Out of Milgram's disturbing results grew a great many experiments into social psychology that were concerned not only with willing submission to abusive authority, but also hidden prejudices and stereotypes about men and women, race and religion. Other social psychology experiments have investigated how and the degree to which our beliefs influence our perceptions of objective reality or how our perceptions of another person's ability are influenced by that individual's appearance. (These experiments typically control for pervasive social prejudices about race and sex). In addition, more social psychology experiments have studied whom people are more likely to help when they are alone with someone in distress than when more bystanders are present at the scene.

The Society of Experimental Social Psychology publishes The Journal of Experimental Social Psychiatry, which covers a wide variety of subjects of interest to experimental social psychology, from the effect of color (specifically red or blue) on behavior to the impact of testosterone on subjects engaged in negotiations and retaliation. However, the journal tends to focus on issues involving some aspect of human inequality. Examples include studies showing increasing Caucasian-American support for social equality when that equality is presented as a moral ideal to live up to rather than an owed obligation, stressing women's appearances literally dehumanizes them and the male tendency to overestimate social support for aggression.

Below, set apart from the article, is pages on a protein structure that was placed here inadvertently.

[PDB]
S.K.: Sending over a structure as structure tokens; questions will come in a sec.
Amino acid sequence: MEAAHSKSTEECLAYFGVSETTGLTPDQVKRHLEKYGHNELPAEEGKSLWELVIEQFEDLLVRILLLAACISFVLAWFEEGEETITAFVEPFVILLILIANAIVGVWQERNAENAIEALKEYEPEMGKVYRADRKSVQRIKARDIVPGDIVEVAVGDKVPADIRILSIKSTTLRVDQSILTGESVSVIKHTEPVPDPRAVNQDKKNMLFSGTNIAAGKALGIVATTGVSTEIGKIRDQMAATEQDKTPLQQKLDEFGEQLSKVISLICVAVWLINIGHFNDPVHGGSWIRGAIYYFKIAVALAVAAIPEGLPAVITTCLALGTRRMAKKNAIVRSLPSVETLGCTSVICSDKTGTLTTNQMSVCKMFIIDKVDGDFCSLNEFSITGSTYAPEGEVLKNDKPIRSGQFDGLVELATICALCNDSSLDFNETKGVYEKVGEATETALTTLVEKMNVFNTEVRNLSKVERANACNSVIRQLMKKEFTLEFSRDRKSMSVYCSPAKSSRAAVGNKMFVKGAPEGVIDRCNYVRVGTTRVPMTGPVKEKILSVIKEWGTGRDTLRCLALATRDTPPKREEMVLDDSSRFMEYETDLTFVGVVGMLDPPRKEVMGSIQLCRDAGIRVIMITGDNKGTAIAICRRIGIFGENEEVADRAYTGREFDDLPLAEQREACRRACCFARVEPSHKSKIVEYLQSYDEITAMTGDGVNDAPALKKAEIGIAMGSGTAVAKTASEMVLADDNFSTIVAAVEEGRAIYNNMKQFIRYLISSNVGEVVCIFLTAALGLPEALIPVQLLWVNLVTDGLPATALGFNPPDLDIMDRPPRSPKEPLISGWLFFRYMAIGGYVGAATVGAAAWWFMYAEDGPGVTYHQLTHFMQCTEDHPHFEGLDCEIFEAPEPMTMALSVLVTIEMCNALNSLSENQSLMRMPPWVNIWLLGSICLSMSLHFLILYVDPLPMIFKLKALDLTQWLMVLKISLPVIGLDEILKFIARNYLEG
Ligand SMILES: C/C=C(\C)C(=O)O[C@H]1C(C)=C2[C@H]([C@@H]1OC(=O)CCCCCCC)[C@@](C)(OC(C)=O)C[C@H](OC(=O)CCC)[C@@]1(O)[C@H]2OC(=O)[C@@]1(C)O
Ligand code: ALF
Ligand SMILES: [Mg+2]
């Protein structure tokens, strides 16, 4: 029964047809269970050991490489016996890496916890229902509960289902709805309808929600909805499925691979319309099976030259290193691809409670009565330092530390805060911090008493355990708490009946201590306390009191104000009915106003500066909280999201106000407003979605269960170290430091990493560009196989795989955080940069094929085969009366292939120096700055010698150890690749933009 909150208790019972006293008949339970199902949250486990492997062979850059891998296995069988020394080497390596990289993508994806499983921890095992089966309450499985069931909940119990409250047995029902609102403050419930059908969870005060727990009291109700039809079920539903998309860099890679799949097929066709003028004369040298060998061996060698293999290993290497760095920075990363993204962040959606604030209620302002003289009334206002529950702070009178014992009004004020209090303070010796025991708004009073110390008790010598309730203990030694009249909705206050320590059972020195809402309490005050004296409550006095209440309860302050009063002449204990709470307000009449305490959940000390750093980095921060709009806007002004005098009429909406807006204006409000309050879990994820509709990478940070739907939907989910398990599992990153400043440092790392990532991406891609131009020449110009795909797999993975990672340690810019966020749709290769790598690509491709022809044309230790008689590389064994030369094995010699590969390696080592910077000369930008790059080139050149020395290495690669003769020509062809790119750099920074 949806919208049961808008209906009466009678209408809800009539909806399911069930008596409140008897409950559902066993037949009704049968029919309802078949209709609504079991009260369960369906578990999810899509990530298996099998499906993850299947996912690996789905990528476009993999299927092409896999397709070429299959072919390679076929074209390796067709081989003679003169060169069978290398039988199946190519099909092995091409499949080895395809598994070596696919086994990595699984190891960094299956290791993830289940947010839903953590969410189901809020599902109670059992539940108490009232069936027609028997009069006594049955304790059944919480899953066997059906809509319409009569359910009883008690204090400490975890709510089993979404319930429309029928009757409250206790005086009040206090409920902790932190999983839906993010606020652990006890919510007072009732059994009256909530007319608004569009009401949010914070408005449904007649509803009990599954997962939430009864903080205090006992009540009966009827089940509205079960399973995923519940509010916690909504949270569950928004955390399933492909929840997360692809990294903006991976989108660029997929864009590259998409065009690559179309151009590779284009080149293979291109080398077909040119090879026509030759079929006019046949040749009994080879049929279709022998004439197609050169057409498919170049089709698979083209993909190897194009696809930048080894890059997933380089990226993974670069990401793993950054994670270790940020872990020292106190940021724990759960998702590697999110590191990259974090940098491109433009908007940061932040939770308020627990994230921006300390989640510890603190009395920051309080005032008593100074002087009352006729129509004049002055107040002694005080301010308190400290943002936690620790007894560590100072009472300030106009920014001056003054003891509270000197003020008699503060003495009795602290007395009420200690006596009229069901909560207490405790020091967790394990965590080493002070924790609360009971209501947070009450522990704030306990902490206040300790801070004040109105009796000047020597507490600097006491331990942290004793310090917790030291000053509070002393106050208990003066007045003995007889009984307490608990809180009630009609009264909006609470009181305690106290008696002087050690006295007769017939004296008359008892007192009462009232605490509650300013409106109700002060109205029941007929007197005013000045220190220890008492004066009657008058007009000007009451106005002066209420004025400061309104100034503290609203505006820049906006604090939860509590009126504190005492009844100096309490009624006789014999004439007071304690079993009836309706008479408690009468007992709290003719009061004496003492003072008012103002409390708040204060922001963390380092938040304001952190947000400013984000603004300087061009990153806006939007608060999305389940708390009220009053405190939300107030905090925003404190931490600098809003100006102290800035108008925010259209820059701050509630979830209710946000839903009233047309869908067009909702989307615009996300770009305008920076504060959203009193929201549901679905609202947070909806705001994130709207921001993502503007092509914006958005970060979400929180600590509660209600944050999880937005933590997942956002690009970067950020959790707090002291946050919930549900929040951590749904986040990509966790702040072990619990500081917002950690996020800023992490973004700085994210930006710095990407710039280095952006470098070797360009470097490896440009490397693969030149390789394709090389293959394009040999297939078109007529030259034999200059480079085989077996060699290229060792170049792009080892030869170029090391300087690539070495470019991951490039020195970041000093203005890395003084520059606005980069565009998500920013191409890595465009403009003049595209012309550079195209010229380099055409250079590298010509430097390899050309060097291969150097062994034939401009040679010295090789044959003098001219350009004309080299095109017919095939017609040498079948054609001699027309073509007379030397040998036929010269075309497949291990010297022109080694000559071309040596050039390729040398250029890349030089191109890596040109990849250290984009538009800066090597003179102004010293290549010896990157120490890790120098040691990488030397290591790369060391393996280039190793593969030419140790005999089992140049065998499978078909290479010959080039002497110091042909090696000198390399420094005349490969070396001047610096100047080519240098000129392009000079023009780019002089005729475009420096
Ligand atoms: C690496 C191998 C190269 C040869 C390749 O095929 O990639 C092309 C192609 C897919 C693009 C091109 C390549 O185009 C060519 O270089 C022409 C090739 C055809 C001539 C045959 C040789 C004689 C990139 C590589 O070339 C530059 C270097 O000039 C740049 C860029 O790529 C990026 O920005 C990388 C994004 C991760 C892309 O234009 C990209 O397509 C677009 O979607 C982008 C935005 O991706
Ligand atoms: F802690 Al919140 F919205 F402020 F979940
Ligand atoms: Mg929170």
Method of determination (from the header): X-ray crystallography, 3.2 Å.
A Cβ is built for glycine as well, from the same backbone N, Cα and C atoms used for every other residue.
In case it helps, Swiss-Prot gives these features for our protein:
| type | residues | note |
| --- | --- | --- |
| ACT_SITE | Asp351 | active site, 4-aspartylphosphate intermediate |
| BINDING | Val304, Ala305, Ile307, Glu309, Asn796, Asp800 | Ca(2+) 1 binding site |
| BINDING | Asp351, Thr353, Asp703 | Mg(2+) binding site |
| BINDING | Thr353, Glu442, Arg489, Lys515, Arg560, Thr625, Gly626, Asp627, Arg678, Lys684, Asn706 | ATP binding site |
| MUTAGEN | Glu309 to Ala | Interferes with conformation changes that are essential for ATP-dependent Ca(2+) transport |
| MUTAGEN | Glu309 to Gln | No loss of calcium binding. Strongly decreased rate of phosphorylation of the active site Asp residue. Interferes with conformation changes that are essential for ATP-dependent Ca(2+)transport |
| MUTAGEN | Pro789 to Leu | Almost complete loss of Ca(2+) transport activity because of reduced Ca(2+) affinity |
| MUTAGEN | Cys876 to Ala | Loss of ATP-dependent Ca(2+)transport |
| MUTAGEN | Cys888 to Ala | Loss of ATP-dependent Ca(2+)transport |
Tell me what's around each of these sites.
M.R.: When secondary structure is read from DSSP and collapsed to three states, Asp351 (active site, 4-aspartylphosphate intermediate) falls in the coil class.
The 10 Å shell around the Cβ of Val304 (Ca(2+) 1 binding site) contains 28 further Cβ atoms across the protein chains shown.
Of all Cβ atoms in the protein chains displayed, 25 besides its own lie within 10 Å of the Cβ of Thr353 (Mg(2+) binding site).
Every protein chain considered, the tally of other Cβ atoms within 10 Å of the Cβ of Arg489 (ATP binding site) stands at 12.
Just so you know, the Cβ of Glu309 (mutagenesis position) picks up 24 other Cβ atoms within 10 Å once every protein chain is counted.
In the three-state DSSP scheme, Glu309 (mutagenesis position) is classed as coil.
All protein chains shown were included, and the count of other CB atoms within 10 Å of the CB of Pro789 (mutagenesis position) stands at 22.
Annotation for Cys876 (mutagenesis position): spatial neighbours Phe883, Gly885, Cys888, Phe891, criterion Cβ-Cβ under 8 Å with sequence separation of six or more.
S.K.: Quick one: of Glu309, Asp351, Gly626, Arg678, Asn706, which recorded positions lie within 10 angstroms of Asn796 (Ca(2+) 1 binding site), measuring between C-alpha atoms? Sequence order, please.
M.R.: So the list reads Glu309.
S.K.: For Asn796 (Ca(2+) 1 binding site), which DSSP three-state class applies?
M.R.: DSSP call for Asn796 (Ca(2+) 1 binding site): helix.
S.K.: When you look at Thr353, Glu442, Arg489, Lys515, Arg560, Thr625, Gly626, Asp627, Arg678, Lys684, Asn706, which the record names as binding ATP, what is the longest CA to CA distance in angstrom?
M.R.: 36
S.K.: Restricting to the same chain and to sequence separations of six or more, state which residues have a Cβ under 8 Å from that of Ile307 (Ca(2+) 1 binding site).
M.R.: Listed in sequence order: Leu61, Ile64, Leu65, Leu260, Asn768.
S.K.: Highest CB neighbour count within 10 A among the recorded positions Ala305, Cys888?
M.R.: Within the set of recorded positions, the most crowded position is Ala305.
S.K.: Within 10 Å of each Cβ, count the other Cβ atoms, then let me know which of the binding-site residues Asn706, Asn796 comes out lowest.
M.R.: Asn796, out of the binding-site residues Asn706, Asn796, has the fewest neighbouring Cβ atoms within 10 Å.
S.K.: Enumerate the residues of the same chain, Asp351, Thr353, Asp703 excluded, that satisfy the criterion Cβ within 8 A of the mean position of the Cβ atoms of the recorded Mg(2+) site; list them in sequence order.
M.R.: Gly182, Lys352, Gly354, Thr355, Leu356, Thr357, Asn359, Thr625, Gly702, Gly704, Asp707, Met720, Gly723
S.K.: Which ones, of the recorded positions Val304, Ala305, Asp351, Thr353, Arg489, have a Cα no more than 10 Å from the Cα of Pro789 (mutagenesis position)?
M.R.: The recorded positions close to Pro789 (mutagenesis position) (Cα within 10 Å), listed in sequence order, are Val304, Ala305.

Selected full-text books and articles on this topic

Social Psychology: Experimental and Critical Approaches
Wendy Stainton Rogers.
Open University Press, 2003
Experimental and Nonexperimental Designs in Social Psychology
Abraham S. Ross; Malcolm Grant.
Westview Press, 1996
Advances in Experimental Social Psychology
Mark P. Zanna.
Academic Press, vol.28, 1996
Experiments with People: Revelations from Social Psychology
Robert P. Abelson; Kurt P. Frey; Aiden P. Gregg.
Lawrence Erlbaum Associates, 2004
Reflections on 100 Years of Experimental Social Psychology
Aroldo Rodrigues; Robert V. Levine.
Basic Books, 1999
Social Psychology, Past and Present: An Integrative Orientation
Jay M. Jackson.
Lawrence Erlbaum Associates, 1988
Librarian’s tip: "Experimental Social Psychology" begins on p. 25
An Introduction to Social Psychology
James A. Schellenberg.
Random House, 1970
Librarian’s tip: "Experiments in Conformity" begins on p. 63
Experiments in Social Process: A Symposium on Social Psychology
James Grier Miller.
McGraw-Hill, 1950
The Person in Social Psychology
Vivien Burr.
Psychology Press, 2002
The Turn to Discourse in Social Psychology
Wood, Linda A.; Kroger, Rolf O.
Canadian Psychology, Vol. 39, No. 4, November 1998